Boston - As markets move through the fourth quarter, the floating-rate loan asset class appears to be firing on all cylinders. Record-setting investor demand has been met by a comparably historic torrent of loan issuance. It seems that issuers and investors in floating rate loans have been winning.
Technical factors: Market size and trading volume
Source: LCD, an offering of S&P Global Market Intelligence, LSTA Trade Data Study. Par amount outstanding as of September 30, 2021. Trading and turnover as of June 30, 2021. Past performance is not a reliable indicator of future results. Data provided is for informational use only. Amount outstanding measures the S&P/LSTA Leveraged Loan Index. Trading and turnover data is sourced from 20 of the largest buy-side and sell-side member institutions of the LSTA. The 1H 2021 trading volume and turnover data is annualized. It is not possible to invest directly in an Index.
Client capital across the institutional and intermediary channels continues to pour in, with the asset class in sharp focus given its position at the four-way intersection of a reflating economy and a conducive credit backdrop, a global dearth of yield in bond markets, investor concerns over rising inflation and interest rates — and, of course, relative value in a sea of low (or even negative) prospective fixed income returns. Loans are checking boxes for investors left and right.
To be sure, the 4.19% yield on the S&P/LSTA Leveraged Loan Index as of September 30, 2021, is both at the lower end of its historic range but also high enough to top nearly all other major areas of domestic bond markets. Better still, loans' unique structure delivers a pure credit product with no material interest-rate duration. In a year that's featured both rising rates and stubbornly "transitory" inflation, loans have helped lead the bond market performance tables, in no small part because traditional rate risk has been minimal for this asset class.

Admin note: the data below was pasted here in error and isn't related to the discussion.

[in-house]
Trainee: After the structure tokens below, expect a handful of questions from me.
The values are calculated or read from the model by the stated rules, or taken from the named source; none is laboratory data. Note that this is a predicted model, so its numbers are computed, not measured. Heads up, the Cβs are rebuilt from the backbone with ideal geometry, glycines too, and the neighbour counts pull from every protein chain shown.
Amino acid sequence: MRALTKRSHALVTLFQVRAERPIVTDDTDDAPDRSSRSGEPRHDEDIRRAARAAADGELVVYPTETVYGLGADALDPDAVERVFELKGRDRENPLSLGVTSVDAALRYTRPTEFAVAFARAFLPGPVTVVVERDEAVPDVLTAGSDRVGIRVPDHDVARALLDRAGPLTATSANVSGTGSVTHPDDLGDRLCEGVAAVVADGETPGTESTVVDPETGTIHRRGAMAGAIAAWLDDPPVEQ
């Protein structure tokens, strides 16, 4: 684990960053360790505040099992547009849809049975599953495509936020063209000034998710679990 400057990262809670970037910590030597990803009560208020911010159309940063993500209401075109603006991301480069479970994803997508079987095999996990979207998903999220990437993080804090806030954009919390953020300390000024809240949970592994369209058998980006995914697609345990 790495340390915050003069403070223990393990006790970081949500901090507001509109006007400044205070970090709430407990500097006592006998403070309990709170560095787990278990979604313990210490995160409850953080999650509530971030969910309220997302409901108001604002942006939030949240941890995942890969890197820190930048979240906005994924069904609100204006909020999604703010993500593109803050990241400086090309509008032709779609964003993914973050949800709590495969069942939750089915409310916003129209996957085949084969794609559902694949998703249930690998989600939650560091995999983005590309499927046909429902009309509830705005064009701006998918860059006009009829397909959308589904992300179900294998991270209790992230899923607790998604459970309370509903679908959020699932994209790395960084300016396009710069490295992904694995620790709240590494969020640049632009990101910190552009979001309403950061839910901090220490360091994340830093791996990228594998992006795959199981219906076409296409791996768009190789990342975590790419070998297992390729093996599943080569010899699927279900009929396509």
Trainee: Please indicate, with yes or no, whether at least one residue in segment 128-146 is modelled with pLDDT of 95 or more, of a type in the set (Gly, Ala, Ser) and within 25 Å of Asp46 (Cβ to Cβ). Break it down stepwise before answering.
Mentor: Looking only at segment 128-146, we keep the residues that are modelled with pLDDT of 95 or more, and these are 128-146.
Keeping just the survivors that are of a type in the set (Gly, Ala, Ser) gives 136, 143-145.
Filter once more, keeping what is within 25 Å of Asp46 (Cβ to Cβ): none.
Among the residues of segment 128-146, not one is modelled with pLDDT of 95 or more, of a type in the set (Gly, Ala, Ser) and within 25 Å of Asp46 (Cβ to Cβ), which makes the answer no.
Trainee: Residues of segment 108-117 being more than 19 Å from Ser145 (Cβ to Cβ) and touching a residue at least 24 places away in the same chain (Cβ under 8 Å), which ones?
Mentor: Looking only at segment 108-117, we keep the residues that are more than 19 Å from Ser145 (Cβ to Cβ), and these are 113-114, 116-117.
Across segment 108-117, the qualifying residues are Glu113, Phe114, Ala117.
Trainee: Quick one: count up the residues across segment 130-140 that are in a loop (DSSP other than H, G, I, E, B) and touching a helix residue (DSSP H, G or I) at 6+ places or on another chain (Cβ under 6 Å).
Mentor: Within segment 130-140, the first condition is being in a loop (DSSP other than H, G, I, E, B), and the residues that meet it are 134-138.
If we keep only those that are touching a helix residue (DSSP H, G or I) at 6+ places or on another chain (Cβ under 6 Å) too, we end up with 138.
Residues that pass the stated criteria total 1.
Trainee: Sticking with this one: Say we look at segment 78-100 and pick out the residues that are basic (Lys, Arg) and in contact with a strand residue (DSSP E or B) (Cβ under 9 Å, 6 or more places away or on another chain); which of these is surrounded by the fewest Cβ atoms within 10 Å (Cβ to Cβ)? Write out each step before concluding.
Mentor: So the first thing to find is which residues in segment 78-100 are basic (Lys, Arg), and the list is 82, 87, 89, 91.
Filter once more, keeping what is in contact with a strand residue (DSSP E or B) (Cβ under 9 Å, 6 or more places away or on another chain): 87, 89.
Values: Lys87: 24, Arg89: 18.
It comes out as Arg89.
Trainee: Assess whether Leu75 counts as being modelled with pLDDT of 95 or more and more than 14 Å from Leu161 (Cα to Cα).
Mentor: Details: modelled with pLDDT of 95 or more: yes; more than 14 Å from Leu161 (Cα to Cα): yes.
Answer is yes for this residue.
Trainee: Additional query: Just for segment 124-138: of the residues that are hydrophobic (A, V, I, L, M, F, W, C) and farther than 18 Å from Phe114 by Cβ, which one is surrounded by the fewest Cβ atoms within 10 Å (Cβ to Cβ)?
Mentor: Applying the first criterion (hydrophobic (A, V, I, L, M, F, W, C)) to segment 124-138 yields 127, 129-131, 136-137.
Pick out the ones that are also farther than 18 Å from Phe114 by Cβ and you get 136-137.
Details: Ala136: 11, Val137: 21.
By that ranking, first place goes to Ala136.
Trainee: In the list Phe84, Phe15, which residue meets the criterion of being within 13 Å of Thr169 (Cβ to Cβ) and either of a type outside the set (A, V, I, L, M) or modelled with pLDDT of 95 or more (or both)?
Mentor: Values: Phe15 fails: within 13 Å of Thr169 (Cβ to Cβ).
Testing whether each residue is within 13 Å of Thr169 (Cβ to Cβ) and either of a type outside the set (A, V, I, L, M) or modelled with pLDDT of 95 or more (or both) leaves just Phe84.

Issuers have been cheering the market dynamics as well. Ongoing demand-surplus conditions have in turn provided companies with ample access to liquidity, fuel for balance sheet recapitalizations, refinancing and a record wave of acquisition-related activity. All that is driving the continued economic recovery, extending maturities for issuers and lowering their borrowing costs too — both of which have been credit positive.
Meanwhile issuers have enjoyed the continued tailwinds of reopening forces, which have driven improving financial performance. Ratings actions have followed suit: Credit upgrades have outpaced downgrades all year. A default rate of just 0.35% and a distress ratio of 0.72% reflect the relatively rosy credit conditions.
At quarter end, the index's average price, average 3-year discounted spread and yield to maturity were 98.6, LIBOR plus 413 basis points and 4.19%, respectively. These are among the building blocks of forward returns.
From a technical perspective, we anticipate more of the same firm conditions in the months and quarters ahead. We expect that the healthy credit picture and investors' ongoing search for yield could drive continued institutional and fund channel inflows against a rather unattractive fixed income backdrop. This in turn would serve as a positive feedback loop to the new issue market, where we should see strength in volumes for the balance of the year and into 2022.
On performance, we expect coupon-clipping type return prospects ahead. Spreads and absolute yields may be low by historical comparisons, but they can be easily justified in light of the conducive credit environment and benign default outlook — we've been describing loan valuations as fair. In light of prices broadly near par, we believe returns will remain on an income trajectory.
Bottom line: By construction, this would mean performance less like the appreciation-fueled last 12 months and more like the coupon-oriented returns of the third quarter.
S&P/LSTA Leveraged Loan Index is an unmanaged index of the institutional leveraged loan market.